(1) tape record hearing proceedings, making such record-
ings available for transcription at the expense of any
interested party; and (2) specify in the notice of local
development order hearing where and how DRI reports and
information can be obtained.


Development Order Stage


o. Amend Section 380.06(7), F.S., to require local
governments to complete public hearings and issue
development orders not more than 120 days from the date
the local government meets to set the public hearing,
unless the time period is extended at the developer's
request. Failure to complete this process within the
120-day time limit, or to obtain an extension, should
result in automatic approval of the project.


p. Development orders (D.O.) should specify the proce-
dures and the local government officials) responsible
for monitoring the DRI for compliance with the D.O..
D.O.s should specify the types of information to be
included in any reports required of developers. D.O.
expiration dates should be established to allow
developers a time certain to commence physical devel-
opment or otherwise comply with D.O. conditions and
phasing requirements.


q. Require all parties to review proposed D.O.s on
master Application Approvals; to ensure that anticipated
impacts have been adequately addressed and that future
review requirements for subsequent incremental applica-
tions are clearly defined. In the D.O. for master appli-
cations, specify those concepts agreed upon and those
potential problems that can result in the denial of


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Incremental applications. Local and regional reviews of
incremental applications should be restricted to those
problems that were identified in the master application
and any development plans inconsistent with the previous
conceptual approval. Issues reviewed and approved in
both master and incremental application proceedings and
D.O.s should be considered settled and not subject to
further review in later incremental application hearings
unless either substantial changes occur in conditions
underlying the D.O., or the D.O. is shown to have been
based on inaccurate information of a substantial nature.


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r. Upon the developer's request, require local govern-
ments to issue the D.O. concurrently with appropriate
related local approvals (e.g., zoning) and local plan
amendments.


Appeals Stage

s. After an appeal is filed, parties involved in a
D.O. dispute should be required to meet within thirty
(30) days in an effort to resolve the dispute.


t. The composition of the Florida Land and Water Adjudi-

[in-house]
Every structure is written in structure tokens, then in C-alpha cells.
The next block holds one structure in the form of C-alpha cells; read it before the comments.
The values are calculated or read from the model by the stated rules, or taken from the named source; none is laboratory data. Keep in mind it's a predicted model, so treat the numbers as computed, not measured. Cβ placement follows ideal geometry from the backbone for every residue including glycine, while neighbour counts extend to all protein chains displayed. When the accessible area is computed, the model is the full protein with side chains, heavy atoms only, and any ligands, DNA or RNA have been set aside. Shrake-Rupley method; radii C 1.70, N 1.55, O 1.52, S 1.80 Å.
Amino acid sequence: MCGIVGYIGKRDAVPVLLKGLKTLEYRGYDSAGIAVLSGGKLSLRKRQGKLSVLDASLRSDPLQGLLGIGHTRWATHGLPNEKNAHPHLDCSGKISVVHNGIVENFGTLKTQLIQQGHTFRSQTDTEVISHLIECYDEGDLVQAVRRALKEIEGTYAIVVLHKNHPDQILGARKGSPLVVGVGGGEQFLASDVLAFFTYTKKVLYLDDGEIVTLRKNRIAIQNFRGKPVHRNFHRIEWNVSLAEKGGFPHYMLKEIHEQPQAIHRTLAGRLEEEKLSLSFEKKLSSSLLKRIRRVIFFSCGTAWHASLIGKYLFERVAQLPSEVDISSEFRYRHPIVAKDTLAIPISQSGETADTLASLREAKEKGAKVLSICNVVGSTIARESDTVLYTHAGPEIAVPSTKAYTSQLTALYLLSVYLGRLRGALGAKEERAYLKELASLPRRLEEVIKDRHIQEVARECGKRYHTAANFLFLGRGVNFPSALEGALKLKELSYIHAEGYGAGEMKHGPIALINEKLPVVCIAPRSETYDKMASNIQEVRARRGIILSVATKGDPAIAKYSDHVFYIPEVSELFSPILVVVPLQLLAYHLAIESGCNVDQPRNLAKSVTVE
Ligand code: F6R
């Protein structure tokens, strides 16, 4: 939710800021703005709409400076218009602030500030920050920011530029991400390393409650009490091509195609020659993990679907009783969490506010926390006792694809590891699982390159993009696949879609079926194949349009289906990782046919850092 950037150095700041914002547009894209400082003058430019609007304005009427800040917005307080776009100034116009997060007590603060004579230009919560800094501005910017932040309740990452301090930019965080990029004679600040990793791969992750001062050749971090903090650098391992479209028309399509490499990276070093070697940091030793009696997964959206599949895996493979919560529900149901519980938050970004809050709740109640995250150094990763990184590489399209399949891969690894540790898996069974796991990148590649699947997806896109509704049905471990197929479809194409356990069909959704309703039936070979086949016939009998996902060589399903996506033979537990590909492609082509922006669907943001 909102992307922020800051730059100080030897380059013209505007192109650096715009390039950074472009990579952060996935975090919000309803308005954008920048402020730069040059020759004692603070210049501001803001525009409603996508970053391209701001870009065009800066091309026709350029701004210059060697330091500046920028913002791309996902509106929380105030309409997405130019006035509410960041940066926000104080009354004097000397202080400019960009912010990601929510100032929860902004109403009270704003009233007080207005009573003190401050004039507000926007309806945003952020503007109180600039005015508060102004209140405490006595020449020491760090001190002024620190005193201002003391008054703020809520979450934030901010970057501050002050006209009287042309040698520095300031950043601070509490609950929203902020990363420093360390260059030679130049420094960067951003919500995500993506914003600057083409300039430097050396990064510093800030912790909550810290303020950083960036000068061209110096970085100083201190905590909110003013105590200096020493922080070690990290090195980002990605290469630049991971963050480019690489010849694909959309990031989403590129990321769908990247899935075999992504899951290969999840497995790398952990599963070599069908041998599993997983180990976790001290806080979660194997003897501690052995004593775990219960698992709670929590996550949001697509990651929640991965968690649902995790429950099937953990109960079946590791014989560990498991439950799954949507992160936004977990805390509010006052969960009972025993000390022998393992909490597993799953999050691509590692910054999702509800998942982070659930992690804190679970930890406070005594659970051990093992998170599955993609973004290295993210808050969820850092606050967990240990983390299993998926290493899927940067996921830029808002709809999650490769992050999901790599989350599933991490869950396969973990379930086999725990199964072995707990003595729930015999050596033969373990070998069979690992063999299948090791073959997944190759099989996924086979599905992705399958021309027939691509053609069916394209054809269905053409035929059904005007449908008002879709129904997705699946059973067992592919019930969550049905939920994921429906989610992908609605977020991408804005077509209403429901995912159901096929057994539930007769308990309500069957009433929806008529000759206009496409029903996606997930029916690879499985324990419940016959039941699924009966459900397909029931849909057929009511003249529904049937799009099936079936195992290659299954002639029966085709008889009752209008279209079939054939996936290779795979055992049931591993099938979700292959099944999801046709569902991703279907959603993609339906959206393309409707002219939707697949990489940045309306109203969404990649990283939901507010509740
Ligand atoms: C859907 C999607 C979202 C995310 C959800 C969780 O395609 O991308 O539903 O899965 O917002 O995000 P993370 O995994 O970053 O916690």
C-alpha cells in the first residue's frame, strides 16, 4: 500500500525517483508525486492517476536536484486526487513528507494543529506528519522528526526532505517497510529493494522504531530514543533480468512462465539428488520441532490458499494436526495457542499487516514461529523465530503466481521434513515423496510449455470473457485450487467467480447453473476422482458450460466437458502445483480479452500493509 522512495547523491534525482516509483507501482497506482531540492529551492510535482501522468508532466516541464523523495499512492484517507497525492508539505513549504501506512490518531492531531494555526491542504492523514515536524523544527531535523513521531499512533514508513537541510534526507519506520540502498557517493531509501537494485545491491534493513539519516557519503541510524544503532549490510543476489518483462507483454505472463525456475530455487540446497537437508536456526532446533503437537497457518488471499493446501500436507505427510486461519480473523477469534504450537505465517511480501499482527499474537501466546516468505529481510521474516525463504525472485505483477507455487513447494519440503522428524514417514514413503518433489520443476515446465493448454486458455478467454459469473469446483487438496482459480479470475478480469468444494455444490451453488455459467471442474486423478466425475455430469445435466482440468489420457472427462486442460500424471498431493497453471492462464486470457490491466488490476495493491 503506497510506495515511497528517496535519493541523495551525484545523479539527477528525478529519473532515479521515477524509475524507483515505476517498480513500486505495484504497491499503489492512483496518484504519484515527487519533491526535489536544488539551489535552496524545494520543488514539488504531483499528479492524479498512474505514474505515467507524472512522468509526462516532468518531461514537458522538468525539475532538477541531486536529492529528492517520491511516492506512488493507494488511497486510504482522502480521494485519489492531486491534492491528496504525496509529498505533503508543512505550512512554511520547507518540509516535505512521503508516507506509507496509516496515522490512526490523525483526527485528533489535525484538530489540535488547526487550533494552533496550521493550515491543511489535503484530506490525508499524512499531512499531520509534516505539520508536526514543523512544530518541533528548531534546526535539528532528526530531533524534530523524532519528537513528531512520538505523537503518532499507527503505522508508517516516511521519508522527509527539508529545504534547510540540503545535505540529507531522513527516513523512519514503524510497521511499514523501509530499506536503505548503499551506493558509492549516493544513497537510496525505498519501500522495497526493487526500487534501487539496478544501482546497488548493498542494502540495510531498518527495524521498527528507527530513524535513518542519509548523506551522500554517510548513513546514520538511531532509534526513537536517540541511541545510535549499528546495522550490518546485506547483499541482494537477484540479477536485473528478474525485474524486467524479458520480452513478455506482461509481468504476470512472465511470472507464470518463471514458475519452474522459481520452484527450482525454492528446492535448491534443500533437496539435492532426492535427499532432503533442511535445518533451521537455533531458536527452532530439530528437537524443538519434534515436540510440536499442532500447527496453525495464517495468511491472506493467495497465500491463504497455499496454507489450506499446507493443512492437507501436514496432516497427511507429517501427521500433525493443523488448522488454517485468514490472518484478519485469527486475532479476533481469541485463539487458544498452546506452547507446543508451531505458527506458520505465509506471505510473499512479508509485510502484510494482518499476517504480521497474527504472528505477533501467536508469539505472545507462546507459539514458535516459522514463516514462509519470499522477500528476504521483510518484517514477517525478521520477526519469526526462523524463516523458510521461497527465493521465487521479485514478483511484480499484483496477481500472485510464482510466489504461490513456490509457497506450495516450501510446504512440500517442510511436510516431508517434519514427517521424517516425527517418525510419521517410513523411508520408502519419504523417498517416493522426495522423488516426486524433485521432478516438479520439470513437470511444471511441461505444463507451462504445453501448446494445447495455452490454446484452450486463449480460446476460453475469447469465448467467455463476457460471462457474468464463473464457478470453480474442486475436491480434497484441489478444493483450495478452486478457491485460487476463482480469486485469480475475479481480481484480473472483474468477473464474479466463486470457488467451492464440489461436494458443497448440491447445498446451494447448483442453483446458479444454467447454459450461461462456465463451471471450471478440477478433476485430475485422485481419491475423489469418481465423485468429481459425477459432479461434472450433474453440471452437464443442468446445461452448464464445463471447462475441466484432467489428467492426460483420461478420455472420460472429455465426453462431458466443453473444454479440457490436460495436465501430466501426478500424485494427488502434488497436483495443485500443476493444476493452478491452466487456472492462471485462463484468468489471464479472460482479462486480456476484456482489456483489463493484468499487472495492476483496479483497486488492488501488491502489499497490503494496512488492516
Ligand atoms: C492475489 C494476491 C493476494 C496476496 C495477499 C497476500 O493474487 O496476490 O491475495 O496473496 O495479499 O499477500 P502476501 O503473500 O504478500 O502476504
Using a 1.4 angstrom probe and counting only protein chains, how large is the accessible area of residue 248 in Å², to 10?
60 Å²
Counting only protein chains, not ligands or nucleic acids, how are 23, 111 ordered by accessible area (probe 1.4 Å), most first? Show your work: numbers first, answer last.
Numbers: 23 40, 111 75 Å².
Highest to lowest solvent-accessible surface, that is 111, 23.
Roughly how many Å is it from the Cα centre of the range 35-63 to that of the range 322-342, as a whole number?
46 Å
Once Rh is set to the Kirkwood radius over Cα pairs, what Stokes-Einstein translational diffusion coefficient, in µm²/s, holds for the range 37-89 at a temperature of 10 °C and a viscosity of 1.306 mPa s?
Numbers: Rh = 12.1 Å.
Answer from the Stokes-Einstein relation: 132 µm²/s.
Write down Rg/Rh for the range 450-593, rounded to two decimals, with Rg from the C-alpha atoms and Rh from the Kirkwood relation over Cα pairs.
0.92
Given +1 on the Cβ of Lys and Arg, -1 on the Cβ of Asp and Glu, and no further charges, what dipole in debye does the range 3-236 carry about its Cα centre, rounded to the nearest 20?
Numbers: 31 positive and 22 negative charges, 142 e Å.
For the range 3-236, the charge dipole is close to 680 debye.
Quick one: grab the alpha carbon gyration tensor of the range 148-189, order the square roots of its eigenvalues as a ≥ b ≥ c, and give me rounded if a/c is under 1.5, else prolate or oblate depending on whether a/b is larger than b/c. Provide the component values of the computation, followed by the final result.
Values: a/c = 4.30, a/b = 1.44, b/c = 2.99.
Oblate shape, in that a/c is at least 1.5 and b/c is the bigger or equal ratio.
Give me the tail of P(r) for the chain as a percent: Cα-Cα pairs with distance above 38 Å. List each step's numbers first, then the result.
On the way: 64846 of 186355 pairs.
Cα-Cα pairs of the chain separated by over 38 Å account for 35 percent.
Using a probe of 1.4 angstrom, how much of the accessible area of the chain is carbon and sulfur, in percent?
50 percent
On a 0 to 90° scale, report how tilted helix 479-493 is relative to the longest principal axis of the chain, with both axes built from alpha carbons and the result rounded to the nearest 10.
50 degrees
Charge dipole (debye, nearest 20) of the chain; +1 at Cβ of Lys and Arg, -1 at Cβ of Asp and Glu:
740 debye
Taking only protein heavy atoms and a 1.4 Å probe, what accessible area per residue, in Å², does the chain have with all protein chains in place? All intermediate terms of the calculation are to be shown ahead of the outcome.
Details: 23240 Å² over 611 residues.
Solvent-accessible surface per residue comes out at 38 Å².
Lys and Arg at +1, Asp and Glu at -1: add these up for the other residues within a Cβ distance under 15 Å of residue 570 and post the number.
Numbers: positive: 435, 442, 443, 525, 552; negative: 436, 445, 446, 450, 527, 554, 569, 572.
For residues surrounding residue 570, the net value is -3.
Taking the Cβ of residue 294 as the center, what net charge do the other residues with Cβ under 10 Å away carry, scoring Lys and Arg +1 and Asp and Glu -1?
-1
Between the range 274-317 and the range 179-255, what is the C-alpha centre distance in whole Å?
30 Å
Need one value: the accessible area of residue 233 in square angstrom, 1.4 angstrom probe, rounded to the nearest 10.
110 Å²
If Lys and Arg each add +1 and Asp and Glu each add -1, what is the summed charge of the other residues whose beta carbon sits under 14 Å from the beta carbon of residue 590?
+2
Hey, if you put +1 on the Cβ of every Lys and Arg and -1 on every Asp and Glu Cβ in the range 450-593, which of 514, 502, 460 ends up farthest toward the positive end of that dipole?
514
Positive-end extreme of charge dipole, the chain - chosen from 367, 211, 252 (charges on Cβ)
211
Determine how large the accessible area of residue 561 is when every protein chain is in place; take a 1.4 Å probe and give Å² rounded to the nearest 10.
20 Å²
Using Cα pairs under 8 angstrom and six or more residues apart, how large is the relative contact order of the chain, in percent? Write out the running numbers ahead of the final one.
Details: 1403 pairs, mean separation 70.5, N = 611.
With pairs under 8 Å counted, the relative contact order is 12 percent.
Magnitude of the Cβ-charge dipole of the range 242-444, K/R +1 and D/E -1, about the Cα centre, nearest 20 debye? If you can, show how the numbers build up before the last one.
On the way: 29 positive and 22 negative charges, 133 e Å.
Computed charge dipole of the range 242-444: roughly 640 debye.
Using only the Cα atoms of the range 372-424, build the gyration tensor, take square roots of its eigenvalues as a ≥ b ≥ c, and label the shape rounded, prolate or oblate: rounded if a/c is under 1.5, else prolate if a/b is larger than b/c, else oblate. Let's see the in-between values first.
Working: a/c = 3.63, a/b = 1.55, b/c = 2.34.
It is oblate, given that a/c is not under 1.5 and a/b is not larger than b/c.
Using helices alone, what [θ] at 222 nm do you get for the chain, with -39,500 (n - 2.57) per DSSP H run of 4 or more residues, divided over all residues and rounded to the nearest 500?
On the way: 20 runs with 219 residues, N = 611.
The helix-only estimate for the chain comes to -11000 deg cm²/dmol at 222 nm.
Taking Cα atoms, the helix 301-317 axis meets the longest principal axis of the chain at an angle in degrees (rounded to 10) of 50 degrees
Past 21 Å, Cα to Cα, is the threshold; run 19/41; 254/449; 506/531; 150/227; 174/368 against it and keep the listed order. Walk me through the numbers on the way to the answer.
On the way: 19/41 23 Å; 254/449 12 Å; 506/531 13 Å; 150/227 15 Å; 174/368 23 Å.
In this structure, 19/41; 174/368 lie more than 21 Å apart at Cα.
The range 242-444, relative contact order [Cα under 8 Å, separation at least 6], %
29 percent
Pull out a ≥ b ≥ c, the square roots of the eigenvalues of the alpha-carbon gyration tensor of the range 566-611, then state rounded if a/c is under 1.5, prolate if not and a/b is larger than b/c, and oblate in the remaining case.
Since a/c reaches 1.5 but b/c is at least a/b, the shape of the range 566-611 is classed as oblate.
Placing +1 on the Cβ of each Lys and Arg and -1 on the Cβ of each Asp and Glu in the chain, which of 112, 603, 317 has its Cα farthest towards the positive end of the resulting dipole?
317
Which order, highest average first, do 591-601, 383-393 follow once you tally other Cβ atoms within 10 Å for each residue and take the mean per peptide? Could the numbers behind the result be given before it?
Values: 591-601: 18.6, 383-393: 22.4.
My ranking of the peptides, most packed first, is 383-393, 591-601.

catory Commission (Governor and Cabinet) should not be
changed.


u. The list of parties
ment development orders
present statutory four:
the state land planning


eligible to appeal local govern-
should not be expanded from the
the property owner, the developer,
agency, or the appropriate RPA.


Development Order Revision and Enforcement Stage


v. Amend Chapter 380, F.S., to clarify that the Develop-
ment Order runs with the land and is assignable in the
event of foreclosure, bankruptcy, or sale of all or part
of the property.

w. Change the "substantial deviation" determination to:


Specify by rule and in local development orders that
developers must present all proposed DRI changes to
the local government for a substantial deviation
determination;

Require that local governments make a substantial
deviation determination on any changes to an approved
DRI;


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Clarify that the local government must notify the
RPA and state land planning agency of their proposed
changes and findings when local review is completed;

Clarify that any finding regarding proposed changes
made by the local government is a D.O. subject to
appeal provisions of Section 380.07, F.S.

x. During the progress of development, improve monitoring
and enforcement of the terms of D.O.s by requiring devel-
opers to prepare brief annual reports on each DRI, indi-
cating the status of the development and any modifications
that may have occurred. The report should be submitted to
the RPA. Failure to submit the report could result in the
RPA or State Land Planning Agency calling a hearing to
require the developer to show cause as to why the report
had not been filed. Failure to show cause could result in
a temporary suspension of the D.O.

y. Amend Chapter 380, F.S., to clarify that the local
government issuing the D.O. is responsible for enforcing
its provisions, with oversight responsibility remaining
with the RPA and the State Land Planning Agency.


z. Prohibit local governments from issuing permits or
approvals or providing services if the developer fails to
act in substantial compliance with the conditions of the
D.O.


Explanation of Intent

Recommendations regarding improvement of the Developments of